Daybreak fourth-grade students holds book drive for Ugandan childrenMay 30, 2022 05:20PM ● By Julie Slama
By Julie Slama | [email protected]
It was a lesson far beyond the original thought of Daybreak fourth-grade teacher Tawna Pippen.
“It started as a book drive as a service project, but it became a great opportunity for them to see how reading and books can impact other kids around the world,” she said. “It was really good for them to feel and realize what they were doing is going to make a difference to someone, somewhere.”
Pippen had learned about Kids Read Uganda while attending an event during the winter and tucked it away until this past spring when it would be a great time for her students to do a service project and get books in the hands of other children this summer.
“I thought it’s pretty easy to do and most of the kids can participate if they have even one book at home they can donate,” she said, adding that it became a grade-level project. “We had some students create skits and share with other classes and other students made posters. We held it for one week and came up with a goal of 150 based on if every fourth-grader could bring a book. We talked about how they were going to collect the books, how to count them and keep a running tally. The kids were excited about it.”
When the students surpassed their goal with 331 books, Pippen reached out to the nonprofit and learned that the Kids Read Uganda chief financial officer, David Muyanja, was visiting from Uganda. He offered to give a presentation and personally thank the students.
Muyanja shared with students about their daily life in Uganda, how families purchase live chickens off of a truck or bananas from someone pedaling a bicycle. Women walk with wheat in baskets on their head and hang clothes to dry outside.
“Our students should be here enjoying the same classes and facilities as these students, but with the disparities, they don’t,” he said. “It may be shocking to our kids to know that these kids here are seeing their pictures I shared on a big projected screen, because there, they’ve never had access to that.”
Muyanja also pointed out that most Ugandan families don’t have access to smartphones or the internet.
“These are things that help open their minds. For them, if children even attend school, they walk for miles. They learn outside,” he said. “Even the simple things here are not common there. There, bread is a luxury, not a staple. They will not buy bread when they need a kilo of maize flour to prepare for one, two, or three kids at home. Everywhere in the U.S., you can drink the water. It’s not the same in Uganda or many African countries. You need to boil it. If you don’t, it’s going to make you sick with typhoid dysentery.”
That is why he, Lynda Smart-Brown and others are passionate about the Kids Read libraries they’re establishing in some Ugandan villages. These libraries are similar to the Little Free Libraries that have popped up across the United States.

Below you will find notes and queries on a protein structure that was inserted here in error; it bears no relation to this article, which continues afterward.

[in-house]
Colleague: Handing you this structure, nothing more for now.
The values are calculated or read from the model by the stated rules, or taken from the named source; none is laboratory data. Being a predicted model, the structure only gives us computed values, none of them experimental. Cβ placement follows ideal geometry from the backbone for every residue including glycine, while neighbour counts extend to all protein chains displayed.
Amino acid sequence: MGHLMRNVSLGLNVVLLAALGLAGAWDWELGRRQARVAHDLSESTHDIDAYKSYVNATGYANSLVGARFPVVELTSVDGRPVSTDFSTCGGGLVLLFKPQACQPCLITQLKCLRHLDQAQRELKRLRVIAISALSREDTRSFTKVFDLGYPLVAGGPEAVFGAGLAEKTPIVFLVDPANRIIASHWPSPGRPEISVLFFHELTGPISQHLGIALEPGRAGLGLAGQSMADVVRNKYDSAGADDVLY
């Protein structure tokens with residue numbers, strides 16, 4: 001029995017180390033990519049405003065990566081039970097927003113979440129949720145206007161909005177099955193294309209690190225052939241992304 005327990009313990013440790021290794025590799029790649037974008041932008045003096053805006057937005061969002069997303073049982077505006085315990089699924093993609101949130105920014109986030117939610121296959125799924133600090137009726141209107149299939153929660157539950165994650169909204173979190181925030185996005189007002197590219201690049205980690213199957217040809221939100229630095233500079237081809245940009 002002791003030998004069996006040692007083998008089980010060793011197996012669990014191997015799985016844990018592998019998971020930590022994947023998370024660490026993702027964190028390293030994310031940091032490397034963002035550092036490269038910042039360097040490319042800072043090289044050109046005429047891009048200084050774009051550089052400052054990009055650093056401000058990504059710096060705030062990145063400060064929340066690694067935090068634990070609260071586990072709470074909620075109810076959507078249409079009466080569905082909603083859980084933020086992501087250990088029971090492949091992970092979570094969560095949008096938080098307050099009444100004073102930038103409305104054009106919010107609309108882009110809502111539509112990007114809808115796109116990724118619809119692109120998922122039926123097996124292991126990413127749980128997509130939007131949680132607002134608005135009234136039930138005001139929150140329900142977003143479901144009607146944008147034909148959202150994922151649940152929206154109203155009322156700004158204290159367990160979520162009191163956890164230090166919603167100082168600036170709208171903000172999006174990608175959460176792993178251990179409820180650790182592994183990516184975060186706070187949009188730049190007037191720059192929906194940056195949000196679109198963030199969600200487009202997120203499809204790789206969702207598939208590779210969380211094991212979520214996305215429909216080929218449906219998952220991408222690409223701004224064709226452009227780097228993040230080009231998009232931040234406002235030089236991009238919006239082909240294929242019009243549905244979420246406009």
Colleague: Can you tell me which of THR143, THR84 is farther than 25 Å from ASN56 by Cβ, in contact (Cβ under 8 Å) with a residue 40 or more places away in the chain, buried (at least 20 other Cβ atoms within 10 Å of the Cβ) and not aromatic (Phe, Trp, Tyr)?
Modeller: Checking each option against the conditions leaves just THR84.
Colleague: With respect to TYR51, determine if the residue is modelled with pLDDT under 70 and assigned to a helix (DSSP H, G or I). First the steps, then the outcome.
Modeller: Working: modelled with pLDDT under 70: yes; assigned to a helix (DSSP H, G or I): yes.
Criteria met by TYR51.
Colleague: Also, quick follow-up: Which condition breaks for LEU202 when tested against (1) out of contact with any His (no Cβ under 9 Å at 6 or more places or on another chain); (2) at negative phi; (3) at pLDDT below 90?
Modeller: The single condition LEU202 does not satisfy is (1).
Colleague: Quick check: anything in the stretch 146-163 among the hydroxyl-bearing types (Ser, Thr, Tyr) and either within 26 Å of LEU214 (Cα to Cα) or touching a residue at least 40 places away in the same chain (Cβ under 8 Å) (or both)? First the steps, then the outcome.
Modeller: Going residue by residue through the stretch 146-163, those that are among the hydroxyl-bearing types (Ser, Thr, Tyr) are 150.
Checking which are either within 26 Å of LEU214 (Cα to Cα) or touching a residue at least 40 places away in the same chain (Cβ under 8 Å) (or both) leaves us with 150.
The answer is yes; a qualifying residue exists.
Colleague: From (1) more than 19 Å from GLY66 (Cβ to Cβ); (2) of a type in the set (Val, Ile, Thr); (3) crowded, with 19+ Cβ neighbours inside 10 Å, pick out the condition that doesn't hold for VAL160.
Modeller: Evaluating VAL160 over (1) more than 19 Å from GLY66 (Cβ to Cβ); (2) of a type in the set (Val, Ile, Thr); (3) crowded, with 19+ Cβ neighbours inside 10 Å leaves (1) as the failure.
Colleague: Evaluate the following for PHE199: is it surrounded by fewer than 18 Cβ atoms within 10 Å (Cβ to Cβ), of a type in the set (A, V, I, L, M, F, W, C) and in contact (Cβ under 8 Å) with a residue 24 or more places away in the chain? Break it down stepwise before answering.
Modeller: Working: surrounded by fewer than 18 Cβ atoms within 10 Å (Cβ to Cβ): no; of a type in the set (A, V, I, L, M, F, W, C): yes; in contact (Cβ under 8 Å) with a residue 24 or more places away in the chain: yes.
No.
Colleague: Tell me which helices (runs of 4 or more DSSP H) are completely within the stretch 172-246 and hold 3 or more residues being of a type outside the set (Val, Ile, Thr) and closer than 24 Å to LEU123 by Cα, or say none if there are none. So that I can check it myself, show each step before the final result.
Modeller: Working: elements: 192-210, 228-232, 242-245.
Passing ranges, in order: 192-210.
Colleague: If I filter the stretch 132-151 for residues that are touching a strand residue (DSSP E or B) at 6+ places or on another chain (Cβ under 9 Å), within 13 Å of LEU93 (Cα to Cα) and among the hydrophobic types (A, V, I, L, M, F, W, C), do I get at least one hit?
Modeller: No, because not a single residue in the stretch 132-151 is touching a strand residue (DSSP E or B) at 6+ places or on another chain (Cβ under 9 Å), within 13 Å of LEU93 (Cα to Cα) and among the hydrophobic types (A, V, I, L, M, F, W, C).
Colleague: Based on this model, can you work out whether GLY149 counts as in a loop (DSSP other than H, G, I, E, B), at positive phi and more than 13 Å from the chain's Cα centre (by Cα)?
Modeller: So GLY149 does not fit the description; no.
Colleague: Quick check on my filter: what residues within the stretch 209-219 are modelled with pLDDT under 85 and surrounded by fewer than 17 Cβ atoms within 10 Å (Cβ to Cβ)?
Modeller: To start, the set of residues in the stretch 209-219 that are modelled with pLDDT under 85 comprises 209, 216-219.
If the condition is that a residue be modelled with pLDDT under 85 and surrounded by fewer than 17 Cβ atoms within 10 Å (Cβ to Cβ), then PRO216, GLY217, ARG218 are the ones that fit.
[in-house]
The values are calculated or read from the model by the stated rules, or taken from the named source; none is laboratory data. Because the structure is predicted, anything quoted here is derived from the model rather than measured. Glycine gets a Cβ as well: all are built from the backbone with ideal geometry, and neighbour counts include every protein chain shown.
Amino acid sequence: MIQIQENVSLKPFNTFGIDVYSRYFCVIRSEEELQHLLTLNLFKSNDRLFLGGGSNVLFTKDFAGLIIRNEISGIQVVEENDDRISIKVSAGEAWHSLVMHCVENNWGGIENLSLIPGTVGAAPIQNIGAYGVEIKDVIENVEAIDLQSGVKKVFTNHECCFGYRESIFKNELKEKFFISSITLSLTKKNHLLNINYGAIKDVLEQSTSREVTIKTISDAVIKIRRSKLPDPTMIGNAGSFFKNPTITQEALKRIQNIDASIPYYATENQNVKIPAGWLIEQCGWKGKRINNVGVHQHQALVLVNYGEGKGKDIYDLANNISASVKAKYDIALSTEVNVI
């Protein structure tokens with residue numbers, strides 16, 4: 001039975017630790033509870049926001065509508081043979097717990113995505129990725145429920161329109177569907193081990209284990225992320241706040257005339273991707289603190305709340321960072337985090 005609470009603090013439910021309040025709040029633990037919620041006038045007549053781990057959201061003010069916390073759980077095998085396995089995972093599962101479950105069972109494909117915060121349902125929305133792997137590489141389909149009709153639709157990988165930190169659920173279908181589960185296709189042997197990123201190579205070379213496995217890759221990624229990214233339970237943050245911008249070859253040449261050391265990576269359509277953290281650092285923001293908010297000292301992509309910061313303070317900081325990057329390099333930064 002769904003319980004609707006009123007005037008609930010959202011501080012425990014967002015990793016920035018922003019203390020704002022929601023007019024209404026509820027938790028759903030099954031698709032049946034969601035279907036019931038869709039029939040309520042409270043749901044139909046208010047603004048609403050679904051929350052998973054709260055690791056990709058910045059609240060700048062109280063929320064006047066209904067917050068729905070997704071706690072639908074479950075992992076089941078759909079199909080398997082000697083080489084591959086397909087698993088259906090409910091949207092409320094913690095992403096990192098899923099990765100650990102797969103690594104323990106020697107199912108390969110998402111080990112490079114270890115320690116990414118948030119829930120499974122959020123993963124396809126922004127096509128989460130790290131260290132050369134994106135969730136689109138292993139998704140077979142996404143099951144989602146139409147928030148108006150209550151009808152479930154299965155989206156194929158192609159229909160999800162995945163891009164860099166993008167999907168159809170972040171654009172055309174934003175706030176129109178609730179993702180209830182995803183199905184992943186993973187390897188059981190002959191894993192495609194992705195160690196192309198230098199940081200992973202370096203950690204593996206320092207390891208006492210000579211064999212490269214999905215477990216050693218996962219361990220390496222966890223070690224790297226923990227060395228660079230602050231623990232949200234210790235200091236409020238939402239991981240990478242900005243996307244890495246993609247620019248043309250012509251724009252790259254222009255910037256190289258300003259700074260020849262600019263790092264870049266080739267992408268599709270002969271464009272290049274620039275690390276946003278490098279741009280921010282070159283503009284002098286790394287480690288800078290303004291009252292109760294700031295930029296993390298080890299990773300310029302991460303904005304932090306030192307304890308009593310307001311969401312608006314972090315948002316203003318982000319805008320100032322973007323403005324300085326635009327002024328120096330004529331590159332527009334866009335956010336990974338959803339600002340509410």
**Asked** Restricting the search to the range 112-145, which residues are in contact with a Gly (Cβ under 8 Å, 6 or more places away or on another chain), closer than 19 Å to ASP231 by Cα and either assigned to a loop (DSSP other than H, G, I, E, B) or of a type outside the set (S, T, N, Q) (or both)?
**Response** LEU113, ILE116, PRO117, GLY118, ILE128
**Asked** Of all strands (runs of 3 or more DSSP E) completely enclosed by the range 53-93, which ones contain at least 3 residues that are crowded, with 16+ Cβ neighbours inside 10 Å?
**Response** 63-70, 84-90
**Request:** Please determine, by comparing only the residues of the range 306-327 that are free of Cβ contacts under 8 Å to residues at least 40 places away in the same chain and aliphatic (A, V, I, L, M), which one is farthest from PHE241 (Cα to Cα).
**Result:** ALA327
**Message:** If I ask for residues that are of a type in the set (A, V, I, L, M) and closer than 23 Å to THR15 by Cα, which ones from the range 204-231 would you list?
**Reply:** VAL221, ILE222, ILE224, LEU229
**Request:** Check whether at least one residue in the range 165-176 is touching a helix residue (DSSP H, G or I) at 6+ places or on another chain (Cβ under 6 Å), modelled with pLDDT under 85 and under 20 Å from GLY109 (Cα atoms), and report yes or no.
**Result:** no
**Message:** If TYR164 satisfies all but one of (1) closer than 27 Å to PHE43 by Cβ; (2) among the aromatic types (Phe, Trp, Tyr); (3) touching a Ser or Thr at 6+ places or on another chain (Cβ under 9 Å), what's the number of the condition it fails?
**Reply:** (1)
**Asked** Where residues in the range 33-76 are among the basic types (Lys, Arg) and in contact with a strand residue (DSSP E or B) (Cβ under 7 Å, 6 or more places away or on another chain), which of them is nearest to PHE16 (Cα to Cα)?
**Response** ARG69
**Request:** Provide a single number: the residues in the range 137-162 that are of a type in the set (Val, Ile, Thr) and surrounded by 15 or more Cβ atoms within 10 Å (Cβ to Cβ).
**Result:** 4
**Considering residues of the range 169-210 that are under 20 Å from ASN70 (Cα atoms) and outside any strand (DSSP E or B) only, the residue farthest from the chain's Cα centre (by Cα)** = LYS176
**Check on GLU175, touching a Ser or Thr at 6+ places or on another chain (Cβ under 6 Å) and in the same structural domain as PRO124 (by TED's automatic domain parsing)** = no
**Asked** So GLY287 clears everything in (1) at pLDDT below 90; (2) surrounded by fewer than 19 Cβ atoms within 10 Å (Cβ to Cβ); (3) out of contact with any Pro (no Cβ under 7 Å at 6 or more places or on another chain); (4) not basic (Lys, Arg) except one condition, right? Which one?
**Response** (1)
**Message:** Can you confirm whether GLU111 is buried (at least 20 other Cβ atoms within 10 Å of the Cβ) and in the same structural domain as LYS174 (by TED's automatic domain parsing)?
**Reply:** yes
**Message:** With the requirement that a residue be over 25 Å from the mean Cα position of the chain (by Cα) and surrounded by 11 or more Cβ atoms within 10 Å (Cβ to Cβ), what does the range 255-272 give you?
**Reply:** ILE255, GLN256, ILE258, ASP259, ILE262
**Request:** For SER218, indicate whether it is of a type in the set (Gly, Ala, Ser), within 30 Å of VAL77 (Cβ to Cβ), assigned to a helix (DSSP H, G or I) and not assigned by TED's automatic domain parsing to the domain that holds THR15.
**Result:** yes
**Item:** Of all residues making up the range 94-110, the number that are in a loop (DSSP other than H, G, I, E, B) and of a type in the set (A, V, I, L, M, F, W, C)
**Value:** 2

The first half-dozen libraries, each costing about $150 to build and stock full of books, have been strategically placed in villages where there has been little access to reading material. Before COVID-19, children could check out a book from the ambassador who oversaw the library. When the pandemic hit, the libraries closed and books were given away, Muyanja said.
Now, they’re in the process of restocking the books that are written in English.
“English is the language that is commonly used, but not all children know English. Many parents in these communities have not been to school and may not know how to read these books. In fact, sometimes when they first hold a book, it may be upside down. We want them to have books with pictures of things that is similar with what they have within the culture and the community, something that easily blends into the child’s life,” he said. “We want to help children read. At the end of the day, a person who has no trade, a person who cannot even read signposts along the road, almost becomes useless in today’s world.”
Smart-Brown remembers when they opened the first Ugandan library filled with books.
“I saw the children’s faces asking, ‘What is it? What do I do? Can I touch it? Is that permitted?’” she recalled. “I could just see the impact on their little faces. We had over 100 children come to see their first book — and we served cake. It was not only their first book they ever saw, but also the first piece of cake. That just shocks me. It’s so humbling."
While the program re-establishes itself in Uganda, Smart-Brown is also focusing her efforts to help children who live in the Salt Lake Valley with Kids Read libraries.
“We’re placing them in the communities around the 48 Title I schools because these kids don’t have books. That’s why we’re doing it, to make books more accessible. We’re reaching out to have people help sponsor a library, take care of a library or donate books,” she said, adding that not only these Daybreak students, but businesses and book clubs may be able to support the Kids Read Salt Lake Valley libraries.
Books donated locally will stay local; books for Uganda will be purchased there to help with their economy and save on the cost of shipping, she said.
“We’re trying to help every child be able to read and have access to books,” she said.
Pippen said it was a much more broadening experience than she envisioned.
“I had showed them on a map where Uganda was, so they were able to see how far it was from Utah, but with them sharing, our students were able to learn about kids their age living in a different part of the world. I love giving our kids this experience to learn about Uganda,” she said. “Ultimately, this is what they’re going to remember years from now. I always tell my students that you might remember the water cycle or when you learned fractions and decimals, but you will certainly remember moments that make an impact on your life or on others and this may be one of those moments.”